Bon Appétit saves Melbourne ice-cream maker Dairy Bell


Australian food manufacturer Bon Appétit has struck a deal with iconic ice cream brand Dairy Bell to continue making and selling its popular products, thus saving the brand from extinction.

Image credit: Dairy Bell website
Image credit: Dairy Bell website

The company said it will continue to make Dairy Bell ice cream to the same recipes and same formulations in Victoria.

The Dairy Bell shops will remain open, most of the staff will be retained and all the products will be manufactured in Reservoir.

Dairy Bell has been around for 45 years. The company – founded by Andre Razums and John Stanford in 1970 – announced plans to close last month, due to “supermarket ice cream wars” and high labour and ingredients costs.

“After 44 years of manufacturing Ice Cream in Australia we have decided to close our two factories on February 27th 2015, this will be our last production day. Supermarket Ice Cream wars have cost the retailer profit and the manufacturer loss of margin and have reduced our capacity to recover costs for some 4 years now with our capital being eroded year by year. We tried our own shops with a terrific customer response however, the weekend trade (our best time) made losses due to the high weekend cost of labour in the stores,” read the company’s announcement.

“Indications for the future are of continuing ingredient and labour rises making plant and machinery replacement and profit budgeting impossible. We do not wish to compromise our assets and therefore have decided that the timing is right and the opportunity is there for us to now develop our inner city real estate sites in Melbourne and Sydney. We are solvent and all of our creditors will be paid in full it is our decision to close. Thank you for your support over the years but as the song goes you must know when to hold it and know when to fold it.”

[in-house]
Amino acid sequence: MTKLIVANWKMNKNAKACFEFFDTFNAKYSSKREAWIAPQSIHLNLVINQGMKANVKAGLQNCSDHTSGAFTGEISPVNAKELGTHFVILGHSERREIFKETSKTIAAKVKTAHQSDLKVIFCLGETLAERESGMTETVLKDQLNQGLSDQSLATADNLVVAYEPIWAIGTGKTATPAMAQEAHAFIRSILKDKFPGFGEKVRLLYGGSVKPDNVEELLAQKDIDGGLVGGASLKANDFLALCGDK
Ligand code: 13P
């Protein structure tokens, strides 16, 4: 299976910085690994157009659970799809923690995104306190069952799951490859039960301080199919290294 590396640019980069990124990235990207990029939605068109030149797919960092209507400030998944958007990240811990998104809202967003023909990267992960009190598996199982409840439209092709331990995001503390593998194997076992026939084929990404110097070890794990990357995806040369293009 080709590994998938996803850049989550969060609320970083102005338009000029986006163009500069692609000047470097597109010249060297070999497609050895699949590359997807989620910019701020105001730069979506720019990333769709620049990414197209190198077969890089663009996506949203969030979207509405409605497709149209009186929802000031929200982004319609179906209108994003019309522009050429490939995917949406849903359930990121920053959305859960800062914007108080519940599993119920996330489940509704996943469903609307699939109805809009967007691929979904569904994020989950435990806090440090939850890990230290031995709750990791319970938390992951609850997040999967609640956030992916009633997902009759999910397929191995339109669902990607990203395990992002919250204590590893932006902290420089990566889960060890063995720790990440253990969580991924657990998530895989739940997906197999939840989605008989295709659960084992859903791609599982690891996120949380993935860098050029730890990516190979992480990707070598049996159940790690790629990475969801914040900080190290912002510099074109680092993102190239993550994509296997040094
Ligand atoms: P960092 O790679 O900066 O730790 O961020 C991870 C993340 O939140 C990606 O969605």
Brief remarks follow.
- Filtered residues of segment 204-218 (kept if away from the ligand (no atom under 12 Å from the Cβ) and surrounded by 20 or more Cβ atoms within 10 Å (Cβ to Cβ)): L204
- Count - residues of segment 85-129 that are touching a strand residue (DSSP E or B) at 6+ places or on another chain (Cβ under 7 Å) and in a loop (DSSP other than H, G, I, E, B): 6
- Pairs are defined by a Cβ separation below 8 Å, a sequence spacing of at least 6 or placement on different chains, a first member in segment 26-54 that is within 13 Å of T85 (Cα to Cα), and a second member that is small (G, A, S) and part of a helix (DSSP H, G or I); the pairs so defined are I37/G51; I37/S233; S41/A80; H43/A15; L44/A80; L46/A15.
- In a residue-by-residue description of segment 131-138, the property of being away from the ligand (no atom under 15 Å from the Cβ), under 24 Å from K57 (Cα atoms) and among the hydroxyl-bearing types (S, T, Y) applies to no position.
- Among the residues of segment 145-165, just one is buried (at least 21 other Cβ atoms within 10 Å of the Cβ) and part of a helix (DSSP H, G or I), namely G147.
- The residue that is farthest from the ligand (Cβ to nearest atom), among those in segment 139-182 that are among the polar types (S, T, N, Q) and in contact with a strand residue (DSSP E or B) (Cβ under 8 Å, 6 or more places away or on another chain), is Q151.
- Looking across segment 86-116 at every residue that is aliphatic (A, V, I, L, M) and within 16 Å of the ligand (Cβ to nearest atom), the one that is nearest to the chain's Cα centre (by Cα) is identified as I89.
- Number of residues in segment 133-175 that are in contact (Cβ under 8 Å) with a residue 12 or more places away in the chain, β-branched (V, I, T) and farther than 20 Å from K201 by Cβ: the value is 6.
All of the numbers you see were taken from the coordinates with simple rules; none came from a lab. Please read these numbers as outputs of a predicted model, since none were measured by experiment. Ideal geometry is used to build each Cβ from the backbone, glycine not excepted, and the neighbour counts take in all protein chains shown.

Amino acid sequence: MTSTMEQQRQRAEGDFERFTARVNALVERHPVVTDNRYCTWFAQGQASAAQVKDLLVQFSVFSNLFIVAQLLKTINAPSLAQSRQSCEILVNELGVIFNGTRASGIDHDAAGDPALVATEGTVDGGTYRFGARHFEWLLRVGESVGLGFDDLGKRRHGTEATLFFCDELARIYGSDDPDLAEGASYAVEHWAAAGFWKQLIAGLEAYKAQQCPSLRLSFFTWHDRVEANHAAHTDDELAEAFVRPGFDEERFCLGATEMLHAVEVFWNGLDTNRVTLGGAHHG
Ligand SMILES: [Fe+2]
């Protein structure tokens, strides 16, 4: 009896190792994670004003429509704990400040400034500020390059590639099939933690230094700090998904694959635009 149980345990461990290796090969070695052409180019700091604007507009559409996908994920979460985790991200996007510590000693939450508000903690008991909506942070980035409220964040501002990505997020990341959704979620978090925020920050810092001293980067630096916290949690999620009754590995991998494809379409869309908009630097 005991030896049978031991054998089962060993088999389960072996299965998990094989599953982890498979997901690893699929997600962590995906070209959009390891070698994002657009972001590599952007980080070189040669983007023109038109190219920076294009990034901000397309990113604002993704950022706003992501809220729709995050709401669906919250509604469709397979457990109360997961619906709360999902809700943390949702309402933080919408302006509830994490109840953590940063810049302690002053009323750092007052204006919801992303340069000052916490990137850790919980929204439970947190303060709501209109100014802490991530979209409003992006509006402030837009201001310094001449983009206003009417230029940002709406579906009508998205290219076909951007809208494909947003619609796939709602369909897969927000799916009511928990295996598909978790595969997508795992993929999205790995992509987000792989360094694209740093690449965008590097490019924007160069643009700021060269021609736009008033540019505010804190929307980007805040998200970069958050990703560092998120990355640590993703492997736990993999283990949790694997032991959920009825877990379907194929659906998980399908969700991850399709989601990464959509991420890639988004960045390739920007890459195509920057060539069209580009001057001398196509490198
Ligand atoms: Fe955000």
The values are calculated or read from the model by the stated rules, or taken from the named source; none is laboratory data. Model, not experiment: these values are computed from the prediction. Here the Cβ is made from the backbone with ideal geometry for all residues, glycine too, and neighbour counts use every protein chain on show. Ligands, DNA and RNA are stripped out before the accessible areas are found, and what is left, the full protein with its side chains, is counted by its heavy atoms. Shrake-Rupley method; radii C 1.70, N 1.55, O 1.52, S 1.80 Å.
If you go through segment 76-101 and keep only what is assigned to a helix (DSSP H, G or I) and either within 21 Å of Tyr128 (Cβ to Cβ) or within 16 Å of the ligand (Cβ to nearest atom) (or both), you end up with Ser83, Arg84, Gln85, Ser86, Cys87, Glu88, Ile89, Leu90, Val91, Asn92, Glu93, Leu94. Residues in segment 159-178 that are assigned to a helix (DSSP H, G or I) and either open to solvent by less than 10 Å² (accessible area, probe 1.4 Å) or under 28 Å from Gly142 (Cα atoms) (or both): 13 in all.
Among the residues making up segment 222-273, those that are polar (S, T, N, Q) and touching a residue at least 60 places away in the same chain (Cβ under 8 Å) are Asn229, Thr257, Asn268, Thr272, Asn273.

The Dairy Bell products will now be sold to IGA and independent supermarkets, organic stores, cafes and restaurants, reports The Sydney Morning Herald.

“I think there were some other players after us [interested in buying] and once we shook on the deal, the two gentlemen that owned the business were happy and honoured the deal and we’ve gone forward,” said Bon Appetit managing director Lou Da Lozzo.

“Their business was much geared in supplying the major supermarkets under home brands, and we’re basically looking at rebuilding the Dairy Bell brand. It’s an iconic Victorian producer. Our strength is in gelato products, which we also retail through the IGA, cafes and restaurants, and the Dairy Bell will give us an ice cream arm.”

The deal was sealed last week. The financial details of the agreement were not disclosed.